German carmakers are so worried about the besmirched image of diesel engines that even BMW, which has so far not faced any accusations over emissions manipulation, has rallied to the defense of rivals Volkswagen and Daimler with a plea to “stop rubbishing” the technology.
Harald Krüger, BMW's chief executive, on Thursday used the company’s annual general meeting in hometown Munich – which could soon see a city-center ban on diesel – to call for an end to debates unnecessarily “unsettling” current and potential owners of diesel-powered cars.
Volkswagen late 2015 admitted to installing “cheat software” to manipulate nitrogen-oxide emissions values in diesel vehicles and to date has agreed to pay some $25 billion in the United States to settle the scandal. Other European automakers have come under scrutiny since then - Daimler is being investigated by German prosecutors.
The controversy has been intensified in Germany by reports about excessive nitrogen-oxide emissions stemming from diesel engines. In Munich, a court recently threatened to ban diesel engines next year if emissions levels fail to improve, and in Stuttgart, home to Daimler and its Mercedes-Benz brand, authorities are considering a similar move.
The talks in Stuttgart between the state government of Baden-Württemberg and car-industry representatives have come to focus on retrofitting older “Euro 5”-class diesels, which were built until August 2014 and have proved the most troublesome in terms of emissions.
Should the carmakers have to pay for the upgrades – priced at €1000-3000 ($1087 to $3260) per car by industry sources – VW, Daimler and BMW could be saddled with costs running into billions of euros.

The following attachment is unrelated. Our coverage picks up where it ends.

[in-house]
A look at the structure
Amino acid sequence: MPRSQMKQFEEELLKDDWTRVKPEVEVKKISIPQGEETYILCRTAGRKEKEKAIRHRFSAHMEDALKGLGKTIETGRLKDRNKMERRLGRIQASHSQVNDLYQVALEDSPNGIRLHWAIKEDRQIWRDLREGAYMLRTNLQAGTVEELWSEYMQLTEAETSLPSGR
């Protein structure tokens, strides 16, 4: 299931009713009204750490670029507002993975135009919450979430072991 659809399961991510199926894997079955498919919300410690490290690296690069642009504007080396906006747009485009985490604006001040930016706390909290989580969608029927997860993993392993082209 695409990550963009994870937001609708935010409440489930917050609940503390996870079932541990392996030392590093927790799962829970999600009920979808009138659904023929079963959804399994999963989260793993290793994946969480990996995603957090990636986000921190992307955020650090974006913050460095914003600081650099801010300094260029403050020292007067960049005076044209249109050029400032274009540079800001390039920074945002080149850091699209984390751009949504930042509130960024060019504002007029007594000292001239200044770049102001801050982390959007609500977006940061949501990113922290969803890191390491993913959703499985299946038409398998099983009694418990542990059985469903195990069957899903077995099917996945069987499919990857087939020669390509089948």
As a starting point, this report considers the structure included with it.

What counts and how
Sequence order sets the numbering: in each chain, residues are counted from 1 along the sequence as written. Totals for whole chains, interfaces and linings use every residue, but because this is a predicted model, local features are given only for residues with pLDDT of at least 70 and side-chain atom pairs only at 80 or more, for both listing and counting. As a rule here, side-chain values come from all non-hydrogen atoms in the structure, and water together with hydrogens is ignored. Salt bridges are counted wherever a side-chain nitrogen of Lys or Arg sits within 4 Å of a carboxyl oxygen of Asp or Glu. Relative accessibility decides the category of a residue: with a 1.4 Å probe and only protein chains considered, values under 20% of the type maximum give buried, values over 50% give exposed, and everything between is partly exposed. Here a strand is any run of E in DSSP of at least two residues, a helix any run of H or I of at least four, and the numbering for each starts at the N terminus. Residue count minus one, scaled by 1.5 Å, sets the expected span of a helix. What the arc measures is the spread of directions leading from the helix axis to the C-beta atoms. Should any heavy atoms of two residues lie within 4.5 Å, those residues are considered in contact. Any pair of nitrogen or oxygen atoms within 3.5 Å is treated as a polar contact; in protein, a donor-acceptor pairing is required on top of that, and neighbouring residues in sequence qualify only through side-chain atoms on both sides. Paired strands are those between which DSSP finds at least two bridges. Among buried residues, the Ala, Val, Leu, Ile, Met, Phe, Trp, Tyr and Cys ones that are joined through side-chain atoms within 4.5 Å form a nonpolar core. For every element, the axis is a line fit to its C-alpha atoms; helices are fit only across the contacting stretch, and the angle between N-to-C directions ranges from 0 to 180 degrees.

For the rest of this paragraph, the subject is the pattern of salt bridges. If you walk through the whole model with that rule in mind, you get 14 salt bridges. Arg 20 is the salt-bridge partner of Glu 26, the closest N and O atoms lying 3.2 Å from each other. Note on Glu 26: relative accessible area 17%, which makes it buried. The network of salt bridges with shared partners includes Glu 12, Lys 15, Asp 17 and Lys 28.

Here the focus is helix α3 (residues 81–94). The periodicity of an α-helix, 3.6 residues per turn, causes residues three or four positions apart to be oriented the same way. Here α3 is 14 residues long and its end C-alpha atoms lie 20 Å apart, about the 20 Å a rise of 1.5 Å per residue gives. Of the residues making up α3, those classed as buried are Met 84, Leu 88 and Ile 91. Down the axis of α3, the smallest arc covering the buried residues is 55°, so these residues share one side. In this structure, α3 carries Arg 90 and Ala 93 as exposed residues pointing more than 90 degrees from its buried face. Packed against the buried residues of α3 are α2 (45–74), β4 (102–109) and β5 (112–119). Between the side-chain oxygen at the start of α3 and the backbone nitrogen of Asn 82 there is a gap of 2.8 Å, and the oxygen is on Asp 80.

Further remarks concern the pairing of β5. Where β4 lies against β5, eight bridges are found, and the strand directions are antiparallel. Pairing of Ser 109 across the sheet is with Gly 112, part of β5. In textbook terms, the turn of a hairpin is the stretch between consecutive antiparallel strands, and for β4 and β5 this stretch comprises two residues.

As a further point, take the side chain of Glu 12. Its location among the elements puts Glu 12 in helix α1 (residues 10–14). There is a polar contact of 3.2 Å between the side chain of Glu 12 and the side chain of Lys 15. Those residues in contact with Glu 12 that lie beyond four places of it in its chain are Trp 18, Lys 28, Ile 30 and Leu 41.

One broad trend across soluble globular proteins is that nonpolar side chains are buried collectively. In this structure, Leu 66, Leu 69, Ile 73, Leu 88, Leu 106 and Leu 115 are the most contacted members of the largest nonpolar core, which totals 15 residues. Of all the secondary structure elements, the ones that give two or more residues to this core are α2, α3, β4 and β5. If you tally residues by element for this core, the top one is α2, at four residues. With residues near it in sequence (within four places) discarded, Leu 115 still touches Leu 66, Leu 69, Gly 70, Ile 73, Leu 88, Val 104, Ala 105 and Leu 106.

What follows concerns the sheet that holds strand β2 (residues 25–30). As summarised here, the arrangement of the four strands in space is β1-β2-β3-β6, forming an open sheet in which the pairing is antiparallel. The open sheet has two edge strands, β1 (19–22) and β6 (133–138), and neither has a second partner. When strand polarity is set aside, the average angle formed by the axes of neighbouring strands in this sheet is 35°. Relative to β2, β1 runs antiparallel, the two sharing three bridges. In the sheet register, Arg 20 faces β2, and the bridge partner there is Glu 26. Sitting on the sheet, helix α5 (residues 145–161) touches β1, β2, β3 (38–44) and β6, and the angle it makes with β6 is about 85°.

Ironically, with some 71 percent of new BMWs sold being diesel-powered, the Munich-based company could end up facing the heftiest costs of all – and possibly in more ways than one.
An additional danger, as Mr Krüger told BMW shareholders on Thursday, was that the talks about banning diesel cars could dissuade consumers from buying the newer and emissions-compliant “Euro 6”-class diesel, switching back to petrol-engine cars instead.
“There’s a catch with all of this: If you ban diesel, you end up with more carbon-dioxide [emissions],” Mr. Krüger said. “Without modern diesel engines, the EU’s 2020 carbon dioxide emissions goals will prove illusory.” To reach this target, the EU has given each carmaker an individual target for the carbon-dioxide emissions of its fleet. Companies that fail to hit their five-year goals – say because customers switch from diesel to petrol – face steep fines.
Markus Fasse specializes in aviation and automobile industry news and works from Handelsblatt's Munich office. [email protected]